By Evelyn Castillo-Bach, aka Privacy Mom ... ...
April 26, 2012 ... ...
President Obama taught Constitutional law at the University of Chicago from 1992 until his election to the U.S. Senate in 2004, serving as a professor in the Law School. He was a Lecturer from 1992 to 1996. He was a Senior Lecturer from 1996 to 2004, during which time he taught three courses per year. Senior Lecturers are considered to be members of the Law School faculty and are regarded as professors, although not full-time or tenure-track. This background is relevant today as Obama decides whether he should veto CISPA -- Cyber Intelligence Sharing and Protection Act (H.R. 3523) . Many media reports indicate that the President will confer with advisers to guide him on this issue. But I don't understand why Obama needs to confer with advisers. He knows how to read, and he has certainly read the 4th Amendment which states:
"The right of the people to be secure in their persons, houses, papers, and effects, against unreasonable searches and seizures, shall not be violated, and no warrants shall issue, but upon probable cause, supported by oath or affirmation, and particularly describing the place to be searched, and the persons or things to be seized."
As Obama well knows, the 4th Amendment applies only to the government, not to private entities like corporations. CISPA constitutes a clever but obvious attempt to circumvent the privacy rights enshrined in the U.S. constitution by legally sanctioning companies to track or spy on Americans and share what they know with the government.
Experts in cybersecurity and privacy advocacy groups have pointed out that CISPA allows corporations to hand over vast amounts of data -- including sensitive information like internet use history, content of emails, and communication within social networks -- to any agency in the government including military and intelligence agencies like the National Security Agency or the Department of Defense Cyber Command.
One section of CISPA says that "notwithstanding any other provision of law," companies may share information with Homeland Security, the IRS, or the National Security Agency. By including the word "notwithstanding," CISPA's drafters intended to make their legislation trump all existing federal and state laws, including ones dealing with wiretaps, educational records, medical privacy, and all other personal records.
The non-partisan Congressional Research Service (CRS) has noted that the legislative language of "notwithstanding any other provision of law" tends to imply that the new language in a law is intended to supersede any conflicting provisions of previous law. In other words, CISPA will override the privacy protections guaranteed under the 4th Amendment. To date, not one of the amendments cleared by the House Rules committee has change this language. CRS works exclusively for the United States Congress, providing policy and legal analysis to committees and Members of both the House and Senate, regardless of party affiliation.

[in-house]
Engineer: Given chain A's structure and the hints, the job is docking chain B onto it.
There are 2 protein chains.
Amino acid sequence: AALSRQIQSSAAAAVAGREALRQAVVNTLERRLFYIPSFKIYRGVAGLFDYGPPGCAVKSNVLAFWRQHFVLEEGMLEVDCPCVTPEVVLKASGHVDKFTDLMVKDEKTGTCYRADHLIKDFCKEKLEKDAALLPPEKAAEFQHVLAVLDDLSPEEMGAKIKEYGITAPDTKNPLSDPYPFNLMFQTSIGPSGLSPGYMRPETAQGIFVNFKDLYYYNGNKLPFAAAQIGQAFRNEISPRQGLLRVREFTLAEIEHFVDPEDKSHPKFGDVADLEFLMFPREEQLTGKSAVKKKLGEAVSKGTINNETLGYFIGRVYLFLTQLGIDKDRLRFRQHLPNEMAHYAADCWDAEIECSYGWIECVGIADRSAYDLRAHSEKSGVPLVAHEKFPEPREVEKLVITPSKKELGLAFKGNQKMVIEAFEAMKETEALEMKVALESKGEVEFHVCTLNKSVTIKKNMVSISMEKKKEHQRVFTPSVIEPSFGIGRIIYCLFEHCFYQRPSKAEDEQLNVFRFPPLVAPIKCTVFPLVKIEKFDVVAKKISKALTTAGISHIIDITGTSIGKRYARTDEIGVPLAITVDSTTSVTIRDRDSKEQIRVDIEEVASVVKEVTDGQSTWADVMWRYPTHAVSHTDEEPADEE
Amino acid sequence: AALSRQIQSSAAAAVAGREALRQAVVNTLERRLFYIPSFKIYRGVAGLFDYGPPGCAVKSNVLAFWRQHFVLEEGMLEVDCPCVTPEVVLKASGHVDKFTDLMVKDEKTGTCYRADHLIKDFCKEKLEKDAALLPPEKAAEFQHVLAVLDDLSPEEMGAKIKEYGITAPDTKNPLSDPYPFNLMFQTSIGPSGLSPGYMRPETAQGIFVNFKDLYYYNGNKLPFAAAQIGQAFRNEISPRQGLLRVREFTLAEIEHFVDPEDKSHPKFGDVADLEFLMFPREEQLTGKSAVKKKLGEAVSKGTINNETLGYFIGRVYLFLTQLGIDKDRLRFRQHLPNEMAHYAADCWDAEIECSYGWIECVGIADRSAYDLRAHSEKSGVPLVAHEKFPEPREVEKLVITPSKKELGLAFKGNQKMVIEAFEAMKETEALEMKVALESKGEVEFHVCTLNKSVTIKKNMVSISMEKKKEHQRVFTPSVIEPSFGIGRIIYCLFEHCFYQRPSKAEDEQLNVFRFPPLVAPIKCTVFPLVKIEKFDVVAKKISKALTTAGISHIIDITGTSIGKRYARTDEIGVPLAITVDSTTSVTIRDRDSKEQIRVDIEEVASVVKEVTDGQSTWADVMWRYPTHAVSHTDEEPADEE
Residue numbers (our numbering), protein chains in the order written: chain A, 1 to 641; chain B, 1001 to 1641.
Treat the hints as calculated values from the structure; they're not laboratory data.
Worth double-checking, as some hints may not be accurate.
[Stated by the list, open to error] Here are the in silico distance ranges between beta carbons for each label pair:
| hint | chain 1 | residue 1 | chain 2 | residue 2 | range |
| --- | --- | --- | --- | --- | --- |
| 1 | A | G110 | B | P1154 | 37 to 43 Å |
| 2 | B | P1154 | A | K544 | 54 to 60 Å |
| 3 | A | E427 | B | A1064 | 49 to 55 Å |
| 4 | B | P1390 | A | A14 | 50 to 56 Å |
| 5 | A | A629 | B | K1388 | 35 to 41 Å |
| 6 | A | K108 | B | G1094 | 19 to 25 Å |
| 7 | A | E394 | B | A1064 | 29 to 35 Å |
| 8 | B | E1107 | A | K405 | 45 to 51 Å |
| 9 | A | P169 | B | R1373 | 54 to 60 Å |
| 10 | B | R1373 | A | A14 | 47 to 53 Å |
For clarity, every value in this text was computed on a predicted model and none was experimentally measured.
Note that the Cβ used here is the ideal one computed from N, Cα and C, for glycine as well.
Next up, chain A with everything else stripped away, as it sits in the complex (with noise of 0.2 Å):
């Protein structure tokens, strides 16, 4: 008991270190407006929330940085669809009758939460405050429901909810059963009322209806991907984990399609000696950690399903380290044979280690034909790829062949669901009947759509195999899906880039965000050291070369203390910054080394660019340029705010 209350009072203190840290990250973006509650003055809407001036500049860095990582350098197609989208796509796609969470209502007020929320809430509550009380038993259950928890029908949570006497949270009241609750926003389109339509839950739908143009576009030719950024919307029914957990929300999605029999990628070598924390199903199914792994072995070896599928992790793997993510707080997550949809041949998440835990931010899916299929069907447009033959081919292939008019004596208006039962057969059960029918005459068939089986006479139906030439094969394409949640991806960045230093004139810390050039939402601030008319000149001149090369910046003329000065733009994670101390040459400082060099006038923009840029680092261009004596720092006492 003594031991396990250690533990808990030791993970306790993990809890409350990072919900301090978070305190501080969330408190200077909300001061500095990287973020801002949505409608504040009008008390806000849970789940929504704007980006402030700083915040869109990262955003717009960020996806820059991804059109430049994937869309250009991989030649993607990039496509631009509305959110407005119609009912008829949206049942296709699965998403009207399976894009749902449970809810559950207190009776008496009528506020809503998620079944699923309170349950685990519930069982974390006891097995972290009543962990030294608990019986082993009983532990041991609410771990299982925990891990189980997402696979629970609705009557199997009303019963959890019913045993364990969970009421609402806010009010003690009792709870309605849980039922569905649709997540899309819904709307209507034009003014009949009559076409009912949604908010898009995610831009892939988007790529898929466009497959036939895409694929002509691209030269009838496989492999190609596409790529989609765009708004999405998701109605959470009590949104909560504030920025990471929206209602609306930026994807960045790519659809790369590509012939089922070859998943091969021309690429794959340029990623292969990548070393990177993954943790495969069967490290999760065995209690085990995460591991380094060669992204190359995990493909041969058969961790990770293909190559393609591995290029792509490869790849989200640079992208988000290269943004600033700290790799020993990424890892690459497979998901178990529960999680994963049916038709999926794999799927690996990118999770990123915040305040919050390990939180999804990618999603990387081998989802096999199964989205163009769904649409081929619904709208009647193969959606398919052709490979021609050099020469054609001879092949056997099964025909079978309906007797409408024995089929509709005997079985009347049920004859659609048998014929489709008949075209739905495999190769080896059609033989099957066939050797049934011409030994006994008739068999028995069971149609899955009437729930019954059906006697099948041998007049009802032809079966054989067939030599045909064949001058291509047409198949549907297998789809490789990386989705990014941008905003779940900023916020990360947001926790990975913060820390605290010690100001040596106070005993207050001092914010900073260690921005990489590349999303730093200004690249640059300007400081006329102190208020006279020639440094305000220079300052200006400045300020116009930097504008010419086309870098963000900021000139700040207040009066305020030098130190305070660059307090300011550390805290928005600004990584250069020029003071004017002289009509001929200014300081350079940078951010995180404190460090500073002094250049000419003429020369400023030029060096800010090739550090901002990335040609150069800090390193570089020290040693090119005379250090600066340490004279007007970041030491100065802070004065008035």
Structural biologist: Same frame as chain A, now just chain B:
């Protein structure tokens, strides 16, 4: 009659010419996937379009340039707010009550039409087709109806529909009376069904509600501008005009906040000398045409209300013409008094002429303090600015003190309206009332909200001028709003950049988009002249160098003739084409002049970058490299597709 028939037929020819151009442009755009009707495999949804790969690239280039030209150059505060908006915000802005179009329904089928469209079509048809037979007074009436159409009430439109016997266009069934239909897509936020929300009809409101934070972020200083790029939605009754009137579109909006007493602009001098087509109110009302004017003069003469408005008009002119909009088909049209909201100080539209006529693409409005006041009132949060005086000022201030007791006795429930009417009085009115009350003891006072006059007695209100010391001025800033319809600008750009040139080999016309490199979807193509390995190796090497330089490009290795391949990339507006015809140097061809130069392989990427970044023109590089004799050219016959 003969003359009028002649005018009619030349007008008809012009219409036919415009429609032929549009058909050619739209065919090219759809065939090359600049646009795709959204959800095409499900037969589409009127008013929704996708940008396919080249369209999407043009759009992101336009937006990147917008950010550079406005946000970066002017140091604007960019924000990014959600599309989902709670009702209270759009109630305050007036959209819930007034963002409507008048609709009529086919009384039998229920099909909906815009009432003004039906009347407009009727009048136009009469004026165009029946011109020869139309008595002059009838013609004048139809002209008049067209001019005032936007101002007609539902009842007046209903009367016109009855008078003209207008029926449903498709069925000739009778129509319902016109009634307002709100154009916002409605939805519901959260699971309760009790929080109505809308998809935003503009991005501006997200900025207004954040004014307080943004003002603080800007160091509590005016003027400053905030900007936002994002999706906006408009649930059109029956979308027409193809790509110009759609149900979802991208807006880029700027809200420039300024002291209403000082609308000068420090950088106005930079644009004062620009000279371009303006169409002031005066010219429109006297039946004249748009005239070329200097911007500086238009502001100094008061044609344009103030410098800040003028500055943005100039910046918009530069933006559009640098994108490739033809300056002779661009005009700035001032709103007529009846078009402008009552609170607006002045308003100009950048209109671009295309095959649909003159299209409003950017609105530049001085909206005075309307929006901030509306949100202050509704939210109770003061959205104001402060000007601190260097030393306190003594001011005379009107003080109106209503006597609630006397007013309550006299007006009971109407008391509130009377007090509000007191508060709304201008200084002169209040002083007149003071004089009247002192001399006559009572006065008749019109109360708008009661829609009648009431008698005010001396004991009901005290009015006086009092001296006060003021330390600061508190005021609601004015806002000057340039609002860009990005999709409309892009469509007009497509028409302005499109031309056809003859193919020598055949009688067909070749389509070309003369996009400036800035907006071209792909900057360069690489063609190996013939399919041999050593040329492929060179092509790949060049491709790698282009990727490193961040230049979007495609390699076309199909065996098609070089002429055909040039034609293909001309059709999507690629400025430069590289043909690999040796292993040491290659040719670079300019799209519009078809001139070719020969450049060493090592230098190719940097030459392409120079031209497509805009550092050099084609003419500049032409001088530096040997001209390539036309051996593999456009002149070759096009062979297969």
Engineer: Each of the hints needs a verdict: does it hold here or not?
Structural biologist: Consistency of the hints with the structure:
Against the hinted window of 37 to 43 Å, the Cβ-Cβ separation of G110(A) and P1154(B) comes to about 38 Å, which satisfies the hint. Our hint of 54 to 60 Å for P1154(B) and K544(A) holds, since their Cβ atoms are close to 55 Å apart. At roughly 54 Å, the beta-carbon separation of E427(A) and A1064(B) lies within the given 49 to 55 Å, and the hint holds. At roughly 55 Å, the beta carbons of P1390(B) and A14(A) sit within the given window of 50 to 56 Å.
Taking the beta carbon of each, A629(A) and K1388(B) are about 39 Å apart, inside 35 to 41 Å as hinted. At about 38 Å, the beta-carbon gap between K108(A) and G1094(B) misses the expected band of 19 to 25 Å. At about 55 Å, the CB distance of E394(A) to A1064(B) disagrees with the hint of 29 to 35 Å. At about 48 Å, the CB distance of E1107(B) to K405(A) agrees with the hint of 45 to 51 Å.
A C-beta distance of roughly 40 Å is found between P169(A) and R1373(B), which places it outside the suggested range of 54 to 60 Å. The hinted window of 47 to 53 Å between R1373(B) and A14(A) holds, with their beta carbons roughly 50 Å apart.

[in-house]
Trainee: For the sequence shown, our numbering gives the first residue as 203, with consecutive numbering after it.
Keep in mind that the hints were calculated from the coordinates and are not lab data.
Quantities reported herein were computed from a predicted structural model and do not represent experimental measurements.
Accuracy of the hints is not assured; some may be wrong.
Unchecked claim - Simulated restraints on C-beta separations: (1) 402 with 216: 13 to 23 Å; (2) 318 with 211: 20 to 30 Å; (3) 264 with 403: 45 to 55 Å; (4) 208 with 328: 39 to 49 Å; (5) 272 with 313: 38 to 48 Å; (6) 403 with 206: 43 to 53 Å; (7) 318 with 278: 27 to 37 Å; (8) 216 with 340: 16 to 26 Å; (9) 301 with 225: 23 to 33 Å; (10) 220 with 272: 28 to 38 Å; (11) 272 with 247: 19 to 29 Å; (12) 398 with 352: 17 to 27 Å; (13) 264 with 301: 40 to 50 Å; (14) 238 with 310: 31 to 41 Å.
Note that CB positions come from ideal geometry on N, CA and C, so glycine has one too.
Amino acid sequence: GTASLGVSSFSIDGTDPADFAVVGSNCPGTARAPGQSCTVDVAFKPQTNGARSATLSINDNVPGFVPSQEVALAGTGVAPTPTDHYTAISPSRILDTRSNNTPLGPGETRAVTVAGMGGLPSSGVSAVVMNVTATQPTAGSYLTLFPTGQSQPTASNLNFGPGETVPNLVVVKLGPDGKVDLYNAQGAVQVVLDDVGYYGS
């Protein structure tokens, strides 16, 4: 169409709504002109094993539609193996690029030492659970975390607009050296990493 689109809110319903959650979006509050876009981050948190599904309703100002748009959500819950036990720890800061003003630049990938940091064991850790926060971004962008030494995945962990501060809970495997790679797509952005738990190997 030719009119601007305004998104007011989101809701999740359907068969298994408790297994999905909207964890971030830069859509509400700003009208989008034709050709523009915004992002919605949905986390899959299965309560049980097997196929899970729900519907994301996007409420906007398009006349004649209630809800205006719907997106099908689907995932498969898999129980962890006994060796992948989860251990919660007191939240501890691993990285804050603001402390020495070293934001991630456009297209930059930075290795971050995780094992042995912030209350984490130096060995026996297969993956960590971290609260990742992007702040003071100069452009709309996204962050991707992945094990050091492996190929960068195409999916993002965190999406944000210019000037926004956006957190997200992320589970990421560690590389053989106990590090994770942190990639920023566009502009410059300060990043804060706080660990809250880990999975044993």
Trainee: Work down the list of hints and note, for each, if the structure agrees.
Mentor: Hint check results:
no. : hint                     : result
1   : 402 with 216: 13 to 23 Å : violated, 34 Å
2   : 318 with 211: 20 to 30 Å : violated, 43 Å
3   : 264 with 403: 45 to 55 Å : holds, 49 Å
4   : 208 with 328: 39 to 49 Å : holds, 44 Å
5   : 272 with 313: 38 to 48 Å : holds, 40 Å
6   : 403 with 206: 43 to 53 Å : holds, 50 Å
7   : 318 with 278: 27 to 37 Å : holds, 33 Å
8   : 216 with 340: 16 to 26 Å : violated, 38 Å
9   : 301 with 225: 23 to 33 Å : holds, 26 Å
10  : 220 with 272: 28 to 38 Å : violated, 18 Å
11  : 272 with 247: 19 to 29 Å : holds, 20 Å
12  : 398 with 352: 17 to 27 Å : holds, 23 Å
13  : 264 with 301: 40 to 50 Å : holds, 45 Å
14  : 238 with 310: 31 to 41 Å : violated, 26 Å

While cyber attacks against the United States and corporations by bad global actors is a real threat, CISPA constitutes a false solution to a real problem. Spying on all Americans and all world citizens who use digital communication violates our core human right to privacy and violates our 4th Amendment.
President Obama certainly has the intelligence and scholastic training to understand that instituting a corporate-led spy regime, sanctioned by U.S. law, is inconsistent with our values and history. He should veto CISPA and any laws that trade away our right to privacy in exchange for cyber security. We won't be safer or feel safer by allowing corporations to spy on our communication, reporting what we say or think to governments. CISPA gets worse. It protects corporations from legal liability for wrongfully identifying a person as a threat. Furthermore, CISPA allows government agencies to use any information they obtain to launch investigations and prosecution against any person based on information received from a corporation, even if the information harvested has nothing to do with cyber security.
We all get it that spying on everyone makes it easy for law enforcement to catch potential criminals. But this is not the American way of confronting criminality. To allow CISPA or laws like it to pass constitutes the establishment of a Big Brother corporate-police state. What's next? Should we legalize surveillance within everyone's home so we can see who is most likely to present a threat? That is the logical next step.
UmeNow is a private "people's network" that has banned all tracking and all ads. UmeNow has a 2-tier membership structure. It promises the same privacy protection to its free members. Premium level members who subscribe for $6.00/ month have access to all site areas.
Evelyn Castillo-Bach is the founder of UmeNow and Collegiate Nation. She is known to her followers as Privacy Mom. UmeNow entered into its silent launch in July 2011. Collegiate Nation--also known as GoCNCN.com- - is the first and only private network exclusively for college students. Castillo-Bach was interviewed earlier this year by Miami television to address privacy issues impacting college students.
Both UmeNow and Collegiate Nation are known for fiercely protecting the privacy rights of its members. All ads, third party apps and games are banned because they are back doors to tracking and extracting private information. Castillo-Bach earned her M.S. in 1993 from Columbia University Graduate School of Journalism. She has traveled extensively in Ethiopia and in the Balkans, accompanying her Danish husband who is a lawyer.
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